As a coach and mentor, Noah Fleming has helped over 700 entrepreneurs start online businesses and get a handle on marketing. He also helps larger organizations with customer loyalty and corporate marketing strategy, and he works with up-and-coming consultants so that they can write better proposals, improve their marketing and reach more clients.
But really I just wanted to interview him because defies the stereotype of internet marketers by providing tremendous value instead of simply trying to sell things people often don’t need. We spoke about content marketing, analytics, the onslaught of info products and creating value.
As a writer, I’ve noticed a shift in internet marketing towards content marketing, where a lot of freelance work is coming not from magazines, but from companies with websites. They’re looking for editorial content that is heavily focused on SEO. Where do you think people are missing the boat? Is there anything you see as an industry trend that’s not working?
I always talk about it almost as sex addiction. People are addicted to marketing, and we’re addicted to marketing because we get instant gratification. We know right away what to do. We put something out there and we essentially see results right away. So I go to these conferences, and people are focused on these things…there’s entire workshops on what’s the best time to send an email, should we send it at 10:30 or 10:44? It’s a stupid question, because they’re not asking themselves first, “Do I have anything interesting to say?” And so we get caught up in things like SEO and all that stuff, but really again it comes down to providing high value content, making sure that content provides a match to the people that you’re trying to reach, and in return all that stuff tends to take care of itself. The last time I looked at Google Analytics for anything I’ve done was a long time ago. Does that make sense?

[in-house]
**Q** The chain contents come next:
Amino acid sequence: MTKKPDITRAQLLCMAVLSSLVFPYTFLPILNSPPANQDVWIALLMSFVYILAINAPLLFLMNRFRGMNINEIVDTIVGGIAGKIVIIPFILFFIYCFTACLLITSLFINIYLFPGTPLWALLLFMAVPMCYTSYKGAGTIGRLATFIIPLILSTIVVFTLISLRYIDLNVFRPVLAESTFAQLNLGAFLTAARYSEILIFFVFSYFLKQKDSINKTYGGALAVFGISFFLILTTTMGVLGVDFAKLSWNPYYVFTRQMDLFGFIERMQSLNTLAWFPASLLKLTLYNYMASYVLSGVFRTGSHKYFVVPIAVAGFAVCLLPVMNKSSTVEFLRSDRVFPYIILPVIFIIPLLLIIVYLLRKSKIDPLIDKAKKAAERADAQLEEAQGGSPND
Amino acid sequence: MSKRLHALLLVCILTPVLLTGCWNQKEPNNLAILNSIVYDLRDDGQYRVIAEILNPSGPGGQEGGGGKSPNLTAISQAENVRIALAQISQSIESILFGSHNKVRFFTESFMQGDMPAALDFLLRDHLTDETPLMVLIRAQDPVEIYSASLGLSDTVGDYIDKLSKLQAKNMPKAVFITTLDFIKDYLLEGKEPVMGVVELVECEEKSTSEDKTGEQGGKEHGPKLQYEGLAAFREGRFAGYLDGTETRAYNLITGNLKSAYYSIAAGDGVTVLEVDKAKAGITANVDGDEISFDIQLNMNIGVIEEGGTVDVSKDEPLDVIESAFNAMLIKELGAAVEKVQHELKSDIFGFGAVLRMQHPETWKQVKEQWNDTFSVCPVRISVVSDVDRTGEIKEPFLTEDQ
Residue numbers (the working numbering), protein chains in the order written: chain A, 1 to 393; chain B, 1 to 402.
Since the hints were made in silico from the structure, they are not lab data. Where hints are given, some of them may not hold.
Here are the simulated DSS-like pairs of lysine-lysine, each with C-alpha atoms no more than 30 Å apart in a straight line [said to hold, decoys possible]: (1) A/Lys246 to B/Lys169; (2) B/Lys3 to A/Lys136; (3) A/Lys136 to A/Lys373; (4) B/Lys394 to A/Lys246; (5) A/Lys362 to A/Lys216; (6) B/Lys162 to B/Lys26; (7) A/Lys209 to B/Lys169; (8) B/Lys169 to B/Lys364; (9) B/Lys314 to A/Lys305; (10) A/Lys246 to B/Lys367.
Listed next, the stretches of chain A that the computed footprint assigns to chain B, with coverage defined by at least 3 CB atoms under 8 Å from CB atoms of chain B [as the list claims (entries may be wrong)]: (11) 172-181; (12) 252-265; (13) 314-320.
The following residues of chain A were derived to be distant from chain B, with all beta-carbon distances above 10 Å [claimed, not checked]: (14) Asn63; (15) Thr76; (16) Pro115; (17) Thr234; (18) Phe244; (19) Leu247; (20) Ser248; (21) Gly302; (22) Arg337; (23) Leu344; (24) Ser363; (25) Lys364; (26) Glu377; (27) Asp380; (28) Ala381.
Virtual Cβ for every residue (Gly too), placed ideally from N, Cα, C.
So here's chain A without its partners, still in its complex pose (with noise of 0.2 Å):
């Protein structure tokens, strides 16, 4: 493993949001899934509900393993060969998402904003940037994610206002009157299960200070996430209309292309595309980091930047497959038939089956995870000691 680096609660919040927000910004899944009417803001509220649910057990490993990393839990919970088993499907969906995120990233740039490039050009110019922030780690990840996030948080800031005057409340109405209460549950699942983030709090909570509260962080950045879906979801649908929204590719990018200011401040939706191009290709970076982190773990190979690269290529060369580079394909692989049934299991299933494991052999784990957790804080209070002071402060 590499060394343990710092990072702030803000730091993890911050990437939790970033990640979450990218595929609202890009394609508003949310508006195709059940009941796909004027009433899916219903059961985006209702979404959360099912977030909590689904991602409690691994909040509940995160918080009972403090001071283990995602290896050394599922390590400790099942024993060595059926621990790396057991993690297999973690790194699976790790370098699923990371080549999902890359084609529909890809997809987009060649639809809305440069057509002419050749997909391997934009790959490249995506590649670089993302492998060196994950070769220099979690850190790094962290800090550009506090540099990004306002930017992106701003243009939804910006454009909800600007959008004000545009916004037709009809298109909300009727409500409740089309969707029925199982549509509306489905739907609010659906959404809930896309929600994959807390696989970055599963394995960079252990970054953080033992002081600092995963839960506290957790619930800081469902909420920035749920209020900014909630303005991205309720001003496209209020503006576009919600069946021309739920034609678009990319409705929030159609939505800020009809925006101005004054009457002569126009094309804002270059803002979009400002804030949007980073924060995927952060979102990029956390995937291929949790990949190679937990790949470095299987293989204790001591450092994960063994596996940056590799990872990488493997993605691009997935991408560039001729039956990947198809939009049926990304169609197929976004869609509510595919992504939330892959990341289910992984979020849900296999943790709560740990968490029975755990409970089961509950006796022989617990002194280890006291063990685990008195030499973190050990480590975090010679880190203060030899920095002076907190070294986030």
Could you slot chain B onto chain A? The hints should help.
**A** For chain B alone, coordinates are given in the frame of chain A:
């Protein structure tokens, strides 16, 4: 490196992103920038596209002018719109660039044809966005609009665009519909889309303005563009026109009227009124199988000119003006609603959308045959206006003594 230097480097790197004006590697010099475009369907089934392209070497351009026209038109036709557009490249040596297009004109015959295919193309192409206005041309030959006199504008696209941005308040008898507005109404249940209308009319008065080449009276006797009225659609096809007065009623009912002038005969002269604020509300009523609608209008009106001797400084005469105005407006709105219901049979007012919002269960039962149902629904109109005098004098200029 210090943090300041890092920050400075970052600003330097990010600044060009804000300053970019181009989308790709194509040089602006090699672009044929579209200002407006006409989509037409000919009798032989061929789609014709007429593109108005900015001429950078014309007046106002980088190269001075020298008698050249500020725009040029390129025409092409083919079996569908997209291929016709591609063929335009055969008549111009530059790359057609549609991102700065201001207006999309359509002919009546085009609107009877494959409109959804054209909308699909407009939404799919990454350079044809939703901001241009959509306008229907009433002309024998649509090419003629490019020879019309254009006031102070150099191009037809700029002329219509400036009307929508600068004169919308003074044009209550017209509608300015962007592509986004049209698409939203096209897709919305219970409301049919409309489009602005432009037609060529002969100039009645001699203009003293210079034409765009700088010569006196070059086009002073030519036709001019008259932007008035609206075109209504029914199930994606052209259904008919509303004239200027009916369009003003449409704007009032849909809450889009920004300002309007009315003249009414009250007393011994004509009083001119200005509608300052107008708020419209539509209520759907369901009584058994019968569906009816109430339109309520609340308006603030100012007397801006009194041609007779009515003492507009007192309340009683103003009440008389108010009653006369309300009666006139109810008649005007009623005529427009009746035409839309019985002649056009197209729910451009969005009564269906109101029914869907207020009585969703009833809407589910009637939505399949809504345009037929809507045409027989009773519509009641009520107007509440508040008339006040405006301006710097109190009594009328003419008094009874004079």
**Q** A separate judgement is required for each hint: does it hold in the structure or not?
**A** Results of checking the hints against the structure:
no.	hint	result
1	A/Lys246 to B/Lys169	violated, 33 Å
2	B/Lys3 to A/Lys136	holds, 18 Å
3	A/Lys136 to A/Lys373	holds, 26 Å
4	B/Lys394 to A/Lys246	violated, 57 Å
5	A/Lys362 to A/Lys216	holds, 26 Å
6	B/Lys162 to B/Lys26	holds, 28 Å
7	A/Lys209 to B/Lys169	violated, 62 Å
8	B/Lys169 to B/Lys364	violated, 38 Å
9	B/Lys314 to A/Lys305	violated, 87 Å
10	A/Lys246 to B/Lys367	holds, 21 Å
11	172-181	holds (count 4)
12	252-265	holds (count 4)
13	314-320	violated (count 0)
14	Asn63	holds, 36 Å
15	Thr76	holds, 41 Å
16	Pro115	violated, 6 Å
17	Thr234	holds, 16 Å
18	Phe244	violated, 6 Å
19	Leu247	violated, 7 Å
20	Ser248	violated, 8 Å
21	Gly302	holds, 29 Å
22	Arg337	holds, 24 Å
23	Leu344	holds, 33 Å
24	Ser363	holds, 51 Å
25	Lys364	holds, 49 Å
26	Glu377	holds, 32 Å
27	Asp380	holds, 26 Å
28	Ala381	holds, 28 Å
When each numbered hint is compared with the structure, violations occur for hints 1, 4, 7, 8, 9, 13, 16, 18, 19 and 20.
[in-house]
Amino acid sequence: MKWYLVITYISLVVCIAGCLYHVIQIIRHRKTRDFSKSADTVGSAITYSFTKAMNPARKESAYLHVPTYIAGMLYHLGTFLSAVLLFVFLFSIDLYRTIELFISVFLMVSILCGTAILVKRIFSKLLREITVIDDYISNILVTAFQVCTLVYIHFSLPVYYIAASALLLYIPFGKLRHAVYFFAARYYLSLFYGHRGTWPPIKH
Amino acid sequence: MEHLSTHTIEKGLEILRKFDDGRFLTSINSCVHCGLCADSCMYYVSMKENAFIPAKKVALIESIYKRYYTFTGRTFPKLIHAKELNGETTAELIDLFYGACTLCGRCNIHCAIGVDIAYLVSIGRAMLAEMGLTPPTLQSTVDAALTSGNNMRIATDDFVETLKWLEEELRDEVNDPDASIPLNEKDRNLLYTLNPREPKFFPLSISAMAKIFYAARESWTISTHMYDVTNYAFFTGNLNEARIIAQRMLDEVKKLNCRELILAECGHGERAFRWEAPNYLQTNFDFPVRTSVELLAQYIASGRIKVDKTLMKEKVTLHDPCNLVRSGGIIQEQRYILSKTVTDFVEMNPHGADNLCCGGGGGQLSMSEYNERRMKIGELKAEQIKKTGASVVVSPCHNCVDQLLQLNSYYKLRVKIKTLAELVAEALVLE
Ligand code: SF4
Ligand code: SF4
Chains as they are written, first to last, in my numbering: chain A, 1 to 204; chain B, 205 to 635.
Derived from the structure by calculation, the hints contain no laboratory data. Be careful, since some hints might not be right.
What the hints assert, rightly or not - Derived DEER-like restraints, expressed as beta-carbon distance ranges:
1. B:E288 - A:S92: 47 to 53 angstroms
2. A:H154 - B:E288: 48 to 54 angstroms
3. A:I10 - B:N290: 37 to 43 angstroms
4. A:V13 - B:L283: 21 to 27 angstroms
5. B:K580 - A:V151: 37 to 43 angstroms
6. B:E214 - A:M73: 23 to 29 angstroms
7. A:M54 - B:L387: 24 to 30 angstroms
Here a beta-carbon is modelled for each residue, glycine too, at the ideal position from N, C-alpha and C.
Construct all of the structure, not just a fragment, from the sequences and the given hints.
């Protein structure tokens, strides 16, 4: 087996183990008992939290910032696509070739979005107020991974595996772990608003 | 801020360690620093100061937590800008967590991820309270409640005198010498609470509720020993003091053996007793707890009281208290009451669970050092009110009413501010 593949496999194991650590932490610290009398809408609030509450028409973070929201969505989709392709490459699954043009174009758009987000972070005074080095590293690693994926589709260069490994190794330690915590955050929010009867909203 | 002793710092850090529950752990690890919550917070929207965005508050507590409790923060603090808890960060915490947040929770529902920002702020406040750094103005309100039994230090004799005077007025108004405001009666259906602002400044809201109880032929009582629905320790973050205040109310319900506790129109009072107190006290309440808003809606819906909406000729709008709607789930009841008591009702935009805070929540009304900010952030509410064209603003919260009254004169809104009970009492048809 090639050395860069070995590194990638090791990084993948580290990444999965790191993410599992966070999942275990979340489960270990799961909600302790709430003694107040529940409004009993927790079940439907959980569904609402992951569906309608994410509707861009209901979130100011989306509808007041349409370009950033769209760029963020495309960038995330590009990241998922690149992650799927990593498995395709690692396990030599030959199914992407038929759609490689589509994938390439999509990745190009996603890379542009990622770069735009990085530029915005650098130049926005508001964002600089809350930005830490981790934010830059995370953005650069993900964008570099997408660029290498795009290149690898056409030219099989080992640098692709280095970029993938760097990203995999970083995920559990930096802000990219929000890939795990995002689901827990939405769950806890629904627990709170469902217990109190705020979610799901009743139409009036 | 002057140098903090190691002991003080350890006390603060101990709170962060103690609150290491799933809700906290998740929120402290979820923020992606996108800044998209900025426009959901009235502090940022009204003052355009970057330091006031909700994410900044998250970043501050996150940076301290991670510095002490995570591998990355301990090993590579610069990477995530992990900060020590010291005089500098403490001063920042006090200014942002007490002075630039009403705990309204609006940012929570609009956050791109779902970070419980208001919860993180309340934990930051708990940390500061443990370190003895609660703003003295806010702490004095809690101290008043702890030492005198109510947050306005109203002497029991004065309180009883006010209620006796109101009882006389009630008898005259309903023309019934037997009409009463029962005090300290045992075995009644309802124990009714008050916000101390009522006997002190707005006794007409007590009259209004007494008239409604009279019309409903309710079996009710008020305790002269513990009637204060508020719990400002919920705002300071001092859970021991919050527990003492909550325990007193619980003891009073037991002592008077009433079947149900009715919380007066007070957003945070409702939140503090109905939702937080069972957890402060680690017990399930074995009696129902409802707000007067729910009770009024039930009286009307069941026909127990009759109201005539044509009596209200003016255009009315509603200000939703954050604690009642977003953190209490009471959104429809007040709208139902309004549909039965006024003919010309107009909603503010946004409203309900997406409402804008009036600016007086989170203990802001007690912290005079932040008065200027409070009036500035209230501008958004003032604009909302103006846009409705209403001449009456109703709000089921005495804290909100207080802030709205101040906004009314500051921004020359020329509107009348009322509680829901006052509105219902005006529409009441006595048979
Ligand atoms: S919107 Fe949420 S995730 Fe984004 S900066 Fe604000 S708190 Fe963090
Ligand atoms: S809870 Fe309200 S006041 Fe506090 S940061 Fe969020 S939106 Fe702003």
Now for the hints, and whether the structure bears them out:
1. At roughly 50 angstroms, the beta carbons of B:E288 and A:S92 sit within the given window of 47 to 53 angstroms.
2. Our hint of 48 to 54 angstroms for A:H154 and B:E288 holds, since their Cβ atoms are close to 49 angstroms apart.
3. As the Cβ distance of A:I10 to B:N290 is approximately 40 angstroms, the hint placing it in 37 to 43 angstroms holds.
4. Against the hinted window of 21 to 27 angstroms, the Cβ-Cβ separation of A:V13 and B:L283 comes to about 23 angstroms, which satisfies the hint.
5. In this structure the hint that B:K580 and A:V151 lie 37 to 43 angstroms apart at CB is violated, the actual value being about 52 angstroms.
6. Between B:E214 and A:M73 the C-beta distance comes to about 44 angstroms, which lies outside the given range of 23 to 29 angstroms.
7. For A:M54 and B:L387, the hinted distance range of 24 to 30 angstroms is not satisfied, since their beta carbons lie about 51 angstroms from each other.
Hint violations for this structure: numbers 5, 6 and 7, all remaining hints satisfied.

Yeah, but you said you worked with large companies, so…somebody’s looking at analytics, right?
Sure, a lot of people are looking at analytics, but I’ve also talked to companies that had 44,000 paying members of a subscription and they told me they weren’t even tracking retention. Making that your sole focus, trying to play the Google game and trying to optimize every single thing with a focus on bringing in new customers, is really missing the boat of making great relationships with your current customers.
Don’t get me wrong. Data is huge. All that stuff is super important, especially for building relationships and creating loyal customers. But if the driving force is how we can optimize our marketing to bring more people into our funnel with no real focus on how we keep them on the back end, that’s where I think most companies are missing the boat.
To play devil’s advocate here, a lot of internet marketers will say that building relationships, creating value, etc. isn’t as effective as the pushy sales guy thing.